Somalia is in a state of protracted military conflict; the central government lacks control over large parts of the country and is at odds with several of the regional governments. It faces widespread poverty and hunger, with a lack of capable health institutions leaving people vulnerable to an outbreak such as cholera, tuberculosis, diarrhea and coronavirus. Somalia’s healthcare infrastructure is weak; it ranks 194th out of 195 in the Global Health Security Index. The country has less than 20 ICU beds available. Somalia has dealt with drought, localized displacement, massive floods, and locust infestations in the past years, but the arrival of COVID-19 could push the country into another crisis.
Coronavirus (COVID-19) is a new virus to the world that was discovered in China’s Wuhan city in late December 2019. It causes respiratory illness in people and animals and can spread from person-to-person through sneezing and coughing droplets. This virus has signs and symptoms similar to the common cold but is dangerous, and if not reported early and managed by health workers, it can cause severe illnesses in humans and can lead to death. The symptoms of this disease include fever, cough and shortness of breath.
Somalia has confirmed the first imported case of the global coronavirus (COVID-19) pandemic on 16th March 2020. Since then, the total confirmed cases of COVID-19 as of 17th April 2020 is 116 positive cases and five fatalities, most of them locally transmitted cases. There are only two recovered cases in this period. Further spread of the virus could have a devastating impact in Somalia given the lack of capacity to prevent, detect and respond to such a pandemic. According to humanitarian agencies, less than twenty percent of health facilities have the required equipment and supplies to manage epidemics. A full-scale outbreak would also disrupt the ability of government and other agencies to respond to existing needs, thus compounding the situation. This pandemic of COVID-19 infects people of all ages. However, evidence to date suggests that two groups of people are at a higher risk of getting severe COVID-19 disease. These are older people (people over 60 years old); and those with underlying medical conditions (such as cardiovascular disease, diabetes, chronic respiratory disease, HIV/AIDs, and cancer).
The risk of severe disease gradually increases with age starting from around 40 years. Adults in this age range must protect themselves and in turn, protect others that may be more vulnerable.
COVID-19 Will Put Additional Pressure on Somalia’s Healthcare System
However, Somalia’s capacity to manage the COVID-19 public health threat is a cause for concern. Ministry of health suffers from a shortage of equipment, ICU and ventilator capacity, medicines, and qualified health workers in particular.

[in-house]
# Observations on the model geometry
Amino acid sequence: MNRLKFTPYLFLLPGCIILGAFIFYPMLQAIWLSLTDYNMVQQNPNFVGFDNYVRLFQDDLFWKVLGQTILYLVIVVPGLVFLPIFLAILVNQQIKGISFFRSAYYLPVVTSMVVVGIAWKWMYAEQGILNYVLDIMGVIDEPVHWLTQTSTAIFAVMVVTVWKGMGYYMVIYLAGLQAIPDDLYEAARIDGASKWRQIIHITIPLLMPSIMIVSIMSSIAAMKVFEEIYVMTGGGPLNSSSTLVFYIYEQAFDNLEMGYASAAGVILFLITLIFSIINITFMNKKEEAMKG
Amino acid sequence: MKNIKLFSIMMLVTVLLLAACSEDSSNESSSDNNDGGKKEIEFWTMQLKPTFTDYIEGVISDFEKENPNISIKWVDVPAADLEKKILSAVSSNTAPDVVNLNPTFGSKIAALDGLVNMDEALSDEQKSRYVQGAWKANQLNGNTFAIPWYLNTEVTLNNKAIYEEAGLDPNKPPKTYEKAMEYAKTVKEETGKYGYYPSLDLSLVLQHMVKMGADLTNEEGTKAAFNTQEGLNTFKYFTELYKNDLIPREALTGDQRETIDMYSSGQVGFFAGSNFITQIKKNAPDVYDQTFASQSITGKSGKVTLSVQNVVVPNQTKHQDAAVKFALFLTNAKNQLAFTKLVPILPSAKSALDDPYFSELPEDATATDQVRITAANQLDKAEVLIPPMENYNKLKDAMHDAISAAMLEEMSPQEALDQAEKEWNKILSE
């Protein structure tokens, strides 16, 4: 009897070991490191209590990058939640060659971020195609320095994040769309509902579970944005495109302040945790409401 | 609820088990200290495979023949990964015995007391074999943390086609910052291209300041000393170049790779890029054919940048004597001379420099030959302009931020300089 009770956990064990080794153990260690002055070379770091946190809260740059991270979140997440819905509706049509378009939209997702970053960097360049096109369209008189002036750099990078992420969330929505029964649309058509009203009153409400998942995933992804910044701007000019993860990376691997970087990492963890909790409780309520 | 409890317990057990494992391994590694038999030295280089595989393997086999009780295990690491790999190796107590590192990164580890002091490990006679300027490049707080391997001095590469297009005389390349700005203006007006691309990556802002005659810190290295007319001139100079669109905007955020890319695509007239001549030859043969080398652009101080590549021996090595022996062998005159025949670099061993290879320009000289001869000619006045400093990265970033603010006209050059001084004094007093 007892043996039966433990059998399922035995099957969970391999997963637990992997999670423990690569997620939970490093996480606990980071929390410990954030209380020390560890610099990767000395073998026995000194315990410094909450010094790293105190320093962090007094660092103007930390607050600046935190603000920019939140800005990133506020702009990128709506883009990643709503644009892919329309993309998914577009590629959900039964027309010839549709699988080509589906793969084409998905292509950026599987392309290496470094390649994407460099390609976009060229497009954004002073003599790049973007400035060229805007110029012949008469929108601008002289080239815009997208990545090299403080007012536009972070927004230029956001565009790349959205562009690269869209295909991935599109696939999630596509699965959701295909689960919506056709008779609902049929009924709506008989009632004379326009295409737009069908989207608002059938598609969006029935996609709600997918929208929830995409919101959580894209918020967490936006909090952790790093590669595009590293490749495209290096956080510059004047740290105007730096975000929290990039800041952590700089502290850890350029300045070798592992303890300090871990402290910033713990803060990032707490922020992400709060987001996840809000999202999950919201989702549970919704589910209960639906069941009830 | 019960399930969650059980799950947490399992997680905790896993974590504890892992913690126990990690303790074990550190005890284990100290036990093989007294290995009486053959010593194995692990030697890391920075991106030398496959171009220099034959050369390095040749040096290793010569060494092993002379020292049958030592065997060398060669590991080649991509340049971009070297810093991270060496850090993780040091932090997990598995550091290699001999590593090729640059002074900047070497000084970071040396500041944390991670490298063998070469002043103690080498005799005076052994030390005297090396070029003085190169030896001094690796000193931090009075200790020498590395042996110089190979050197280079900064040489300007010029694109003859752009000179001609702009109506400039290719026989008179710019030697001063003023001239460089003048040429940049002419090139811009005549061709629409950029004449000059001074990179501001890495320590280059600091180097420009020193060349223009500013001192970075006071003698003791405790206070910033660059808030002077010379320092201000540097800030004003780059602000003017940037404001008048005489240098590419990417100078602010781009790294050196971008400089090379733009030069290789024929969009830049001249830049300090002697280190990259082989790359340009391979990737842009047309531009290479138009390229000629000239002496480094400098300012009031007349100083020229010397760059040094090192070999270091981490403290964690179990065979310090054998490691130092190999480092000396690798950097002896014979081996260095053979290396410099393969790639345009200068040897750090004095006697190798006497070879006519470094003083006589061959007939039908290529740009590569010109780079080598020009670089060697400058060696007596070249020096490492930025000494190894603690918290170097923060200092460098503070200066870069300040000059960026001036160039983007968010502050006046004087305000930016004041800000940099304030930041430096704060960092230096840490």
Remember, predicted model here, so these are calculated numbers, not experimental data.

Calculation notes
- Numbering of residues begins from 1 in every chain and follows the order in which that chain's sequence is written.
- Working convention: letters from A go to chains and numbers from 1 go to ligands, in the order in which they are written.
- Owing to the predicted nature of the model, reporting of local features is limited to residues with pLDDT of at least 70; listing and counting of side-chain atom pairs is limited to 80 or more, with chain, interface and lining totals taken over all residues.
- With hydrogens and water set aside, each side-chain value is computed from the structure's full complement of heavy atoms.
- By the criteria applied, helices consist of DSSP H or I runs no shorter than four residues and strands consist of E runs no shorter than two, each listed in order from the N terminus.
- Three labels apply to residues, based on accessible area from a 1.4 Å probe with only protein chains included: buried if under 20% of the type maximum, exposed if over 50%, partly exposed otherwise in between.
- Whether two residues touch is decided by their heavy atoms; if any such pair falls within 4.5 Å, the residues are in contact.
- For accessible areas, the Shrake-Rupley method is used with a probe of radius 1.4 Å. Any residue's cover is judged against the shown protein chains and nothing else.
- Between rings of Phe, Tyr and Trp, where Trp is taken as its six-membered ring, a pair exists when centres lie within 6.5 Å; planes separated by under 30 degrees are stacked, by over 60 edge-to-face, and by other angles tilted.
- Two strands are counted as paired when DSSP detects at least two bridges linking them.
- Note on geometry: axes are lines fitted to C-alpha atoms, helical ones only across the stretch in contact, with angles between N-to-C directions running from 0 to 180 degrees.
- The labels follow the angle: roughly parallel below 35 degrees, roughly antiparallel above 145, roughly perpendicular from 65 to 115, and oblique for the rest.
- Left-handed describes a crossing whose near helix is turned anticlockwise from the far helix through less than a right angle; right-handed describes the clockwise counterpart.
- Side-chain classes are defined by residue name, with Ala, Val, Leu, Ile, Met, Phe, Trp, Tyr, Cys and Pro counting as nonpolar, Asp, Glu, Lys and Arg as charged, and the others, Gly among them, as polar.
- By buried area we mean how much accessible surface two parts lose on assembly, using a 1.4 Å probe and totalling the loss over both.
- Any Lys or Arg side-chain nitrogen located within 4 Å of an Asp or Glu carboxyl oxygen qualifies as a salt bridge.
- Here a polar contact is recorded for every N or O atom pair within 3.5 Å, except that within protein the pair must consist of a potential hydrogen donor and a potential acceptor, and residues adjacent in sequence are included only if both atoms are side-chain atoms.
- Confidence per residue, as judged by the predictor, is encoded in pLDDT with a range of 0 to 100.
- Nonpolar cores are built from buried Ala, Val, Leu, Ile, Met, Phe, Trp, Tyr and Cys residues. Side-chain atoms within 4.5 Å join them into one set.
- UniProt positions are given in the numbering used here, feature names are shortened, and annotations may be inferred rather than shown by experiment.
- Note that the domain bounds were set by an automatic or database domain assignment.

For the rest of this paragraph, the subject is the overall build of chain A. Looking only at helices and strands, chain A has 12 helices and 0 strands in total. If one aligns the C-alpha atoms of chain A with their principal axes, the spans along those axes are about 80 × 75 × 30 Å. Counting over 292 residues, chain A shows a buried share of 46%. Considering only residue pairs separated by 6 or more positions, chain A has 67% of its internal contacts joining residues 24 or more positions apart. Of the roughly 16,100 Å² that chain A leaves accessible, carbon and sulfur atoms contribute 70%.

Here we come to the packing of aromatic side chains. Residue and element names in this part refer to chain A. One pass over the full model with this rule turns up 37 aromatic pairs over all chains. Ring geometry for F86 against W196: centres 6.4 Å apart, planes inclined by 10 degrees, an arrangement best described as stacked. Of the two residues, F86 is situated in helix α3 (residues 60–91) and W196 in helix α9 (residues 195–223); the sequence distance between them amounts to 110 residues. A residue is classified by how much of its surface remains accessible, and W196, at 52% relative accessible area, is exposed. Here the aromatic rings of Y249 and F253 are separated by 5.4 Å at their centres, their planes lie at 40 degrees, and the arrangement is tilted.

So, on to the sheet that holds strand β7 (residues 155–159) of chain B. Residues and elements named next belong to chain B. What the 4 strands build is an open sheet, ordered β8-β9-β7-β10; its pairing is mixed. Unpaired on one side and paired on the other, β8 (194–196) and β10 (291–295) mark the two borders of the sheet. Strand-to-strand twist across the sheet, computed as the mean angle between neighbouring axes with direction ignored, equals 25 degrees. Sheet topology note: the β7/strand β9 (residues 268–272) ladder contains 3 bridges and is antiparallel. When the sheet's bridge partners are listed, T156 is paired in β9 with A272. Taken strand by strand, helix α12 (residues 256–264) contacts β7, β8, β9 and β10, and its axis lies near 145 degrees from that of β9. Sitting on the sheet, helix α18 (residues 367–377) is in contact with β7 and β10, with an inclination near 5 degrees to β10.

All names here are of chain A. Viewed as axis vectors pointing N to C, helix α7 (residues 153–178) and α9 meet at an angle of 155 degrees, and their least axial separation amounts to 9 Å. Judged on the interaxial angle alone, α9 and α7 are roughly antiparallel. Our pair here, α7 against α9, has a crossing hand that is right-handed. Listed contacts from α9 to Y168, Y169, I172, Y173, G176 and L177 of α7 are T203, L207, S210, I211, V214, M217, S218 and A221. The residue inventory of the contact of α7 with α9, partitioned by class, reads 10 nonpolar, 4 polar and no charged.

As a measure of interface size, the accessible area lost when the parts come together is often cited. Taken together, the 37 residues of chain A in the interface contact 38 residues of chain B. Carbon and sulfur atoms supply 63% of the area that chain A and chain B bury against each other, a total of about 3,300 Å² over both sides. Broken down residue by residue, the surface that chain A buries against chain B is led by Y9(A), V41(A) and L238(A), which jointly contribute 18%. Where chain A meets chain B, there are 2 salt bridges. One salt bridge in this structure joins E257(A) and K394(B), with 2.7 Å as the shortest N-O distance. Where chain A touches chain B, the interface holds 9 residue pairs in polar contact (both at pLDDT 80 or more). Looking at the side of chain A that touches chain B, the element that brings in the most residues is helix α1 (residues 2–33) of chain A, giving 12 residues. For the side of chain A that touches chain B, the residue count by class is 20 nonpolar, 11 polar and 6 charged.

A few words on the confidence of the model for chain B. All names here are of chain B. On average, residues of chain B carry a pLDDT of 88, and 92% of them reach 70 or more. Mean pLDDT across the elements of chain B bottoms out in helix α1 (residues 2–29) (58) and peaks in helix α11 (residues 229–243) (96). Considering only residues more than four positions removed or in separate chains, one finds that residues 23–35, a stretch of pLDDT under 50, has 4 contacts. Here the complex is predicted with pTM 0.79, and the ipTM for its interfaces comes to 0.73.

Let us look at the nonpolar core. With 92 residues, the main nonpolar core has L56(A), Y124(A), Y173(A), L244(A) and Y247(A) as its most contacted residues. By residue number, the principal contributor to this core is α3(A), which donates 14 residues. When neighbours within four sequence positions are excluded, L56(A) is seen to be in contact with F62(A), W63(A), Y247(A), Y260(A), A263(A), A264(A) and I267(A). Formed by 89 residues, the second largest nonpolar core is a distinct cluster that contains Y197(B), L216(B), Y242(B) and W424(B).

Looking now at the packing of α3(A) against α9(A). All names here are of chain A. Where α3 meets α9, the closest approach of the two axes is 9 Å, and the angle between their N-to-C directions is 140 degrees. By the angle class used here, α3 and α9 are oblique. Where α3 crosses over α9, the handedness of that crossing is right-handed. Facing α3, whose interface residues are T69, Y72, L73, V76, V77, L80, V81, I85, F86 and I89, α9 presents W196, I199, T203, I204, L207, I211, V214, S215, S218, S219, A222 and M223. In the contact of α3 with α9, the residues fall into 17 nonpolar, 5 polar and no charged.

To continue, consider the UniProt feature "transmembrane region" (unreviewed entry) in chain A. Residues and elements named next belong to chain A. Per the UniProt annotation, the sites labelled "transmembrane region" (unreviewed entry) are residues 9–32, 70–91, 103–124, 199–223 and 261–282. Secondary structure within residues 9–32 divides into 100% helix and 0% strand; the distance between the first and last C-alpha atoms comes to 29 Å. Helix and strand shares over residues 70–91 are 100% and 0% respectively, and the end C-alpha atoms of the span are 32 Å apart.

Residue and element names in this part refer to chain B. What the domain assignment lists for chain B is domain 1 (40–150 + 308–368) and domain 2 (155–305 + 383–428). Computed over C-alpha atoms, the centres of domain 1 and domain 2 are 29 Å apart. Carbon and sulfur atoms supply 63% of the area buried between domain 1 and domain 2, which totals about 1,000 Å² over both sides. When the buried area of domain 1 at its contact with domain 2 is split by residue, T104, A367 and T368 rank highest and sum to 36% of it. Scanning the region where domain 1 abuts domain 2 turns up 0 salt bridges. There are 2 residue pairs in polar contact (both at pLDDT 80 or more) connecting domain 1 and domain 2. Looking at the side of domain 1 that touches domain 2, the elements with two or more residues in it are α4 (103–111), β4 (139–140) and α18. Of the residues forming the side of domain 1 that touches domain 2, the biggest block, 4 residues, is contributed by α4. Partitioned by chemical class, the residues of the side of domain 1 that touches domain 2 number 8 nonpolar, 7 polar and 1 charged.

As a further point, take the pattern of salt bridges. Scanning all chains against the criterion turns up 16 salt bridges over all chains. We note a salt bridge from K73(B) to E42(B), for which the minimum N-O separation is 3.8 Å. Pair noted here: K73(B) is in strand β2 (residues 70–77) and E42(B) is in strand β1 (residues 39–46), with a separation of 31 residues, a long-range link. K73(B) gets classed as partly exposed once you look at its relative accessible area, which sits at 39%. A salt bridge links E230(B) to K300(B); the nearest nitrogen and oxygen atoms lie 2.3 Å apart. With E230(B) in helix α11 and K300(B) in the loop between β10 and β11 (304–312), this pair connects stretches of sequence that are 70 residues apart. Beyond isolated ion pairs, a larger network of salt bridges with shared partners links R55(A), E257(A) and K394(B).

Internally Displaced People (IDPs) are at higher risk of contracting the virus simply because they live in confined environments, often in unhygienic and unsanitary conditions with little access to clean water. People in the camps were already exposed to several other infectious diseases.
What makes matters even worse is the spread of misinformation on the pandemic. There’s a persistent narrative among the society that COVID-19 is a hoax engineered by the political elite to accumulate money from aid donors or that the disease does not kill practicing Muslims. And Last but not least, there is a cultural barrier stemming from Somalia’s culture of communal living a standard practice, in which extended (and usually numerous) family members live together in dense, overcrowded homes. The country has a history of a social culture where gatherings are frequent and visiting sick people is common and encouraged.
The road map to Somalia’s respond preparedness of COVID-19
Somalia is still at a very early stage of the spread. Despite the challenges, Somali authorities can manage the COVID-19 public health threat through leadership and governance. Also, Somalis need robust open communication and sensitization campaigns. In this regard, information posters about the danger of this pandemic and ways to prevent them like washing hands with soap and water, avoiding public places, practicing social distancing and using PPE (such as gloves, face masks) and avoiding touching face’s soft parts like the mouth, nose, and eyes should virally be preached among the Somali society. Voluntary self-isolation and forced quarantine for those who are feeling unwell can save a considerable number of the community from contracting the infection.
Valuable information for containing the virus should be widely distributed by giving clear guidelines to public markets and disinfecting the hands of the public transport passengers. Regular TV and radio programs should be broadcasted to sensitize the public further. Health equipment and advanced technology failed to save the developed nations from containing the spread of the virus. Still, somewhat they were helped much by ordinary measures that can be replicated by any other government regardless of their development and economic power. These measures, as discussed earlier include but not limited to; managing the public transmission of the virus through, lockdowns, curfews, social distancing, and restricting civil movements smartly and wisely because the virus does not move, but people drive it. Finally, it is quite clear that Somalia public health system cannot manage the containment of the epidemic, hence the need for social responsibility from the individual to community levels to help stop the spread of the virus.
Fartun Abdikadir Mohamed